The day after a May 12th appearance against the Philadelphia Phillies in which Sam Clay got out of a 2-on, 2-out jam by retiring Bryce Harper on a groundout to second, Davey Martinez talked on a Zoom call with reporters about the Washington Nationals’ reliever, and what the 27-year-old is adding to the bullpen mix in his first year in the organization after he signed a big league deal with the club this winter.
“He’s awesome,” Martinez said, and, apparently, also unflappable.
“You don’t get any reaction from him. It’s hard to — I remember one day I got a smile out of him, I thought that was great. I told him, ‘You made my day today just by you smiling.’ He just kind of takes it — but he’s enjoying everything. He talked to [Pitching Coach Jim Hickey] before the series, and Hickey says, “Hey, you’re going to have a big moment, you’re going to face a pretty good hitter I’m sure in these three days.’ He came up with a big moment, and a big out yesterday against [Harper] and he did a great job.
“He’s one of those kids who never seems to get rattled about anything,” Martinez added.
“And when you talk to him he’s always ready to go, ready to pitch. He’s been great to have around, he fits in the bullpen.
“They call him the quiet one out there, but he’s always intuitive, he talks to [Bullpen Coach] Henry [Blanco] a lot about how to pitch guys, but he’s been great.”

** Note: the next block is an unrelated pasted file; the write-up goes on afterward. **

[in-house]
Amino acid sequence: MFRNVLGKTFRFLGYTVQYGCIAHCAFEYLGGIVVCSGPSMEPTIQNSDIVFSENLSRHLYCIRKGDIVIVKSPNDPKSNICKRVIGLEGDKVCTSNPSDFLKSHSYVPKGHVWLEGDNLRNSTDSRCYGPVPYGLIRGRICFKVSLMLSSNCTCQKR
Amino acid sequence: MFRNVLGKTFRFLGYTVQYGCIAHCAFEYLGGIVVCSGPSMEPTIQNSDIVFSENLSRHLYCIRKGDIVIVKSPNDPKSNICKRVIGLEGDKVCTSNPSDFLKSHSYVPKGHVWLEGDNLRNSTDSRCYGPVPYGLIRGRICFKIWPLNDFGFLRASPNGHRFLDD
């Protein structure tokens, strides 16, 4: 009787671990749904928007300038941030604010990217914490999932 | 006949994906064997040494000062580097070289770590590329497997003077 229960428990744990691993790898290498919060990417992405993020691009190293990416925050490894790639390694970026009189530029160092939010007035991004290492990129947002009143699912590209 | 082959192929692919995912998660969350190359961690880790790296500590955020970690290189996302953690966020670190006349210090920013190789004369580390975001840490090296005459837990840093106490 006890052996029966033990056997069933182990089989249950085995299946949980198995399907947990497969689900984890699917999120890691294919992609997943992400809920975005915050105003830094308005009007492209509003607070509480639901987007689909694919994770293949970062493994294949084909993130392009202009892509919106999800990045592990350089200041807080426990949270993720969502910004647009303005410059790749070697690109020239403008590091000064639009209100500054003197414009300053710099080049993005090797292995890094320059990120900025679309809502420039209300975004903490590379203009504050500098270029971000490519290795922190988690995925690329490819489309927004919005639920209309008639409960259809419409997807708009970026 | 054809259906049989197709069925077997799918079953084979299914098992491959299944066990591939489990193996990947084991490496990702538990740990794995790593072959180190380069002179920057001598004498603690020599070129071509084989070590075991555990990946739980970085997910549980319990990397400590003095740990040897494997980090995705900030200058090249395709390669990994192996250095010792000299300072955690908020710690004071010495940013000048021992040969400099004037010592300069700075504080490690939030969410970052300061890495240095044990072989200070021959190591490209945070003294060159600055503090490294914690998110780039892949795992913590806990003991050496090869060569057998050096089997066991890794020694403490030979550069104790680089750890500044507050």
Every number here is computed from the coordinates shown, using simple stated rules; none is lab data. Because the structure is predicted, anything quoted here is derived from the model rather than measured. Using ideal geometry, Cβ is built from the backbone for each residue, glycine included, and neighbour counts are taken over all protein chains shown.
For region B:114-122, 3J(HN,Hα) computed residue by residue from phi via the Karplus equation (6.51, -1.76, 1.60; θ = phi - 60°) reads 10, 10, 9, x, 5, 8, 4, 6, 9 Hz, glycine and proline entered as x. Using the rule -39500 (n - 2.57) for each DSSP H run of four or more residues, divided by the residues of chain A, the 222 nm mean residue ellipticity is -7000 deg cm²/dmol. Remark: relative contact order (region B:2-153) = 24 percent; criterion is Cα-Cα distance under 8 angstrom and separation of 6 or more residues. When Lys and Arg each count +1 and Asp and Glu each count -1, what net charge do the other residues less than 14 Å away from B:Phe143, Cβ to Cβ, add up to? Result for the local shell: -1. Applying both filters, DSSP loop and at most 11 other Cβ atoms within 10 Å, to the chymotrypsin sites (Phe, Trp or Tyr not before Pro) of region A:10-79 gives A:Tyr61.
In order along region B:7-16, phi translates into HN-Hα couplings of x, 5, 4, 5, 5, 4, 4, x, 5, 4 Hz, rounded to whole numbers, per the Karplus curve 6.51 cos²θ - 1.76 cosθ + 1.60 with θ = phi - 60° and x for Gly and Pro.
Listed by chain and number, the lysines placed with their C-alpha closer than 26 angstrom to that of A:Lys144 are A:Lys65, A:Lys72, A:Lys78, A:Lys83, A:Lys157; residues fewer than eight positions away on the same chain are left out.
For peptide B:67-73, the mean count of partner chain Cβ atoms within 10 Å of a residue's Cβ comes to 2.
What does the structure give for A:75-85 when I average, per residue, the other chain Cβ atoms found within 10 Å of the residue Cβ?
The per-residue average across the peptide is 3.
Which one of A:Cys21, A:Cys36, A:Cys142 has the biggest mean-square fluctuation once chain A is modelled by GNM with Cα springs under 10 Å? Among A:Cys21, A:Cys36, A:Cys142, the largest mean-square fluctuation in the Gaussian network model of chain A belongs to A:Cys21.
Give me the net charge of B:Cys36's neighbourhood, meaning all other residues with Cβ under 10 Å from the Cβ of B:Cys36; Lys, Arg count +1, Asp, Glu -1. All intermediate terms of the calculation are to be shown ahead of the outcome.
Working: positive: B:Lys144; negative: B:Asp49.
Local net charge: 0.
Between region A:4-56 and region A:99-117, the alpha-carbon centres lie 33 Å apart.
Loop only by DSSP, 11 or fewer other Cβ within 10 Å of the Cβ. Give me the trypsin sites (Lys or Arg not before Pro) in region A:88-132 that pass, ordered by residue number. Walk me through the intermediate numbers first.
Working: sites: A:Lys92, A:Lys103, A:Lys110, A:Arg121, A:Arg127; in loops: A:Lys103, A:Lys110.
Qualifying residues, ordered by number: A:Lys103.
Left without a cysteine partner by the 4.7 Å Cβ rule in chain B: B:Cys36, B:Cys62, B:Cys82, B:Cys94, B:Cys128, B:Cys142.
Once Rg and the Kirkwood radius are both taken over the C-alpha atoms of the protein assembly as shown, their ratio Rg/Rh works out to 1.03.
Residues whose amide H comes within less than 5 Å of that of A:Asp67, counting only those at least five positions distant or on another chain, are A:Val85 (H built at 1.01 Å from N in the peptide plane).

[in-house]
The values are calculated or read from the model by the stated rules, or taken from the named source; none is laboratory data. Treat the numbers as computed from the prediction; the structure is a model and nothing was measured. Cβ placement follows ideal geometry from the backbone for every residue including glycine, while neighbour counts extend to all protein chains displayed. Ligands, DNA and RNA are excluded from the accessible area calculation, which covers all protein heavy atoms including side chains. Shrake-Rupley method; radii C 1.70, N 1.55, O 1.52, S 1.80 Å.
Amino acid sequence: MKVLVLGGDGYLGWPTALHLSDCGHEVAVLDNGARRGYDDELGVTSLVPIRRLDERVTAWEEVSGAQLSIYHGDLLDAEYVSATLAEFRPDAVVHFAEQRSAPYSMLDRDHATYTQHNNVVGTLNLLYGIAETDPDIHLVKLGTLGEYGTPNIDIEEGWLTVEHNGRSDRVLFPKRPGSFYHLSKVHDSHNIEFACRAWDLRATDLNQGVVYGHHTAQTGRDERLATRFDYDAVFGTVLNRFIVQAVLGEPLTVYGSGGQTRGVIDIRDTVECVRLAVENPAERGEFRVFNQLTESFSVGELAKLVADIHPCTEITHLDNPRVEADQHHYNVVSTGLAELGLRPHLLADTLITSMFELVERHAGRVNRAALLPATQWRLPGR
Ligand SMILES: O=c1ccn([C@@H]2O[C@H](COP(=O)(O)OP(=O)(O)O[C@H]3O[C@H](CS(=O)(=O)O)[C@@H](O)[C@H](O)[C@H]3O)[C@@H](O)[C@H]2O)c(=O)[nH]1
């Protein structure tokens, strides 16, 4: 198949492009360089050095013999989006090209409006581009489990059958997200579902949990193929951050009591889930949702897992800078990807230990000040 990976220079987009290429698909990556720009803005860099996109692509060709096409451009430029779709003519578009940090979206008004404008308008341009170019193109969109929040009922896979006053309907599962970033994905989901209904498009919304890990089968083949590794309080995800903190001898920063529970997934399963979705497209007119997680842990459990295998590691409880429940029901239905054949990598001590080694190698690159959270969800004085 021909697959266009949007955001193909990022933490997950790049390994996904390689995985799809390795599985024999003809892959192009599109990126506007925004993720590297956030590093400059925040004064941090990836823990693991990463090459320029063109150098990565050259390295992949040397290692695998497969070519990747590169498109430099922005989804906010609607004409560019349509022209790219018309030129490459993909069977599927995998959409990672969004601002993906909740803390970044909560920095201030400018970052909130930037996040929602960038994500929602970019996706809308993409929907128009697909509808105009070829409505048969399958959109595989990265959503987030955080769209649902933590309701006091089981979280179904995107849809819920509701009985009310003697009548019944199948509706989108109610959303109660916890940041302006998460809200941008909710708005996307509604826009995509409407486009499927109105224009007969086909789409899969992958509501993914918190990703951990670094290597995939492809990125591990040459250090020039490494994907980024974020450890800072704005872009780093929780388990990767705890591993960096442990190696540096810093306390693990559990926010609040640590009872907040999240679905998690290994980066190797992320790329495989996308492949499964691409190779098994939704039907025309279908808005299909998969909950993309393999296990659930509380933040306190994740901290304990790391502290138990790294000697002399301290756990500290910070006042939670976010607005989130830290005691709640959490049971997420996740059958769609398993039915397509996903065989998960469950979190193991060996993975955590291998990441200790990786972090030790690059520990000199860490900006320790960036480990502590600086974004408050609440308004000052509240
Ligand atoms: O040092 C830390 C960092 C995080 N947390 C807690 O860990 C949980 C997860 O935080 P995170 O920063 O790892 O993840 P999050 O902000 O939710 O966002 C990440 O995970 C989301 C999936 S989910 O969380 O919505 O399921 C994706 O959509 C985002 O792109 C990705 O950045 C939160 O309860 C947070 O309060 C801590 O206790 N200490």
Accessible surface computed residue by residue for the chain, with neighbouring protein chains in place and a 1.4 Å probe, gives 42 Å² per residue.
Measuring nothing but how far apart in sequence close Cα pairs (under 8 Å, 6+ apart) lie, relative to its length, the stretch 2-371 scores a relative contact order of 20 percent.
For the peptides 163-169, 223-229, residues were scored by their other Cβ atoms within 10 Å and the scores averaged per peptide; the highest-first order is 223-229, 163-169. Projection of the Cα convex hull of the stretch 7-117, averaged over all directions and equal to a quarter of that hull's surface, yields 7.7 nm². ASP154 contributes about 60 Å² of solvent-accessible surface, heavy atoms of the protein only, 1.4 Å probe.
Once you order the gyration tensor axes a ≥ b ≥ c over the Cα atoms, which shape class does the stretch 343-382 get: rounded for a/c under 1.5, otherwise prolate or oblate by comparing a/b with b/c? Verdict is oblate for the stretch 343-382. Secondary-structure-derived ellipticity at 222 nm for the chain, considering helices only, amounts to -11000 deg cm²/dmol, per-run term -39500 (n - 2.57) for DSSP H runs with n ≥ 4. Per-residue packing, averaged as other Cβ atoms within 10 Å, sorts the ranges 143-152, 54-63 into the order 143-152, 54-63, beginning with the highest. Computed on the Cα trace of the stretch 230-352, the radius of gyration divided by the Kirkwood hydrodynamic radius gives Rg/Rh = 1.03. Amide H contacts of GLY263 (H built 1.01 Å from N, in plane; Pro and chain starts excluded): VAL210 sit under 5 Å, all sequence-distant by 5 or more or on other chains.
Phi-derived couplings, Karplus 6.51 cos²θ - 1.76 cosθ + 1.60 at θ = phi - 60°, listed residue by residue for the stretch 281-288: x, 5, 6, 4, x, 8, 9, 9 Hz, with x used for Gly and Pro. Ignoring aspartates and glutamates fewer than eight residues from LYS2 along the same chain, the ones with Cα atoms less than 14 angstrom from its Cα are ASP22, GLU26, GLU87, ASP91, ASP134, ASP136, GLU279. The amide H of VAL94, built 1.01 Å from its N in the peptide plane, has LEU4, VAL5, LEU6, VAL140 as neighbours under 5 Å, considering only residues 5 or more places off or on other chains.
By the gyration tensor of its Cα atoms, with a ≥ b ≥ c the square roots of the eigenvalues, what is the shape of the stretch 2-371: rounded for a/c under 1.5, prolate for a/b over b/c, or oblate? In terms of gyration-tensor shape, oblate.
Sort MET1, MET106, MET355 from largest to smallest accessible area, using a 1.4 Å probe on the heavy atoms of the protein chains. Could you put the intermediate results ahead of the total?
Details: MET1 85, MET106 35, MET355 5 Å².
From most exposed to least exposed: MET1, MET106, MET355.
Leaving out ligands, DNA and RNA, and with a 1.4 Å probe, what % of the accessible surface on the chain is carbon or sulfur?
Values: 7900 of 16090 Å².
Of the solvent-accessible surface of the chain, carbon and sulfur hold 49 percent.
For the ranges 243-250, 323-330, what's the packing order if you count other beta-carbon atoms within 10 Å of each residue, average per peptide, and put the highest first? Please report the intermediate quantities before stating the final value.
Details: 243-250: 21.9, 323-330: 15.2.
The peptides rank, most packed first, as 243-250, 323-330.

Clay, a 2014 4th Round pick by Minnesota, spent six years in the Twins’ minor league system and spent the 2020 campaign as part of their 60-Man player pool, but never did get the call up to the majors. He acknowledged this winter, after signing with the Nationals, that he was surprised he got a major league deal.
His reaction to the news?
“It was disbelief, honestly,” Clay said this past November. “It was not something I expected.
“My agent had hinted at it and suggested that maybe it could happen, but no, I was [shocked].
“I didn’t know what to say. I was speechless, honestly. It was just an incredible feeling.”
The southpaw has made the most of the opportunities he’s received this season, putting up a 2.70 ERA, a 3.97 FIP, five walks, 10 Ks, and a .245/.322/.321 line against in 16 games and 13 1⁄3 IP going into last night’s game.
Clay has been effective on the mound, but is still quiet in the Nats’ clubhouse, and Martinez talked again last week about trying to draw him out a little.
“We’re trying to get some personality out of Sam Clay, that’s for sure,” the manager joked.
“I got him to smile a couple times ... but he’s pretty much ‘Steady Eddie’, he’s just one of those guys. I know the bullpen guys are trying to get him to loosen up a little bit, but it’s been tough, but he’s such a good kid.”
The fact that he is relatively quiet is not a surprise to the Nationals, however. They did their due diligence when they started thinking about signing him this past winter.
“We knew that he was a quiet kid,” Martinez said before the series opener with Cincinnati in the nation’s capital last night.
“We had him all Spring Training ... and just having conversations with him, it was very short and quick, but as I got to know him, his personality is what it is. Great kid. Super kid. And in his own way, very competitive.
“But yet, like I said, it’s hard to bring that smile out of him. The one time I did get him to smile, I thought I did a pretty good job of getting him to smile.”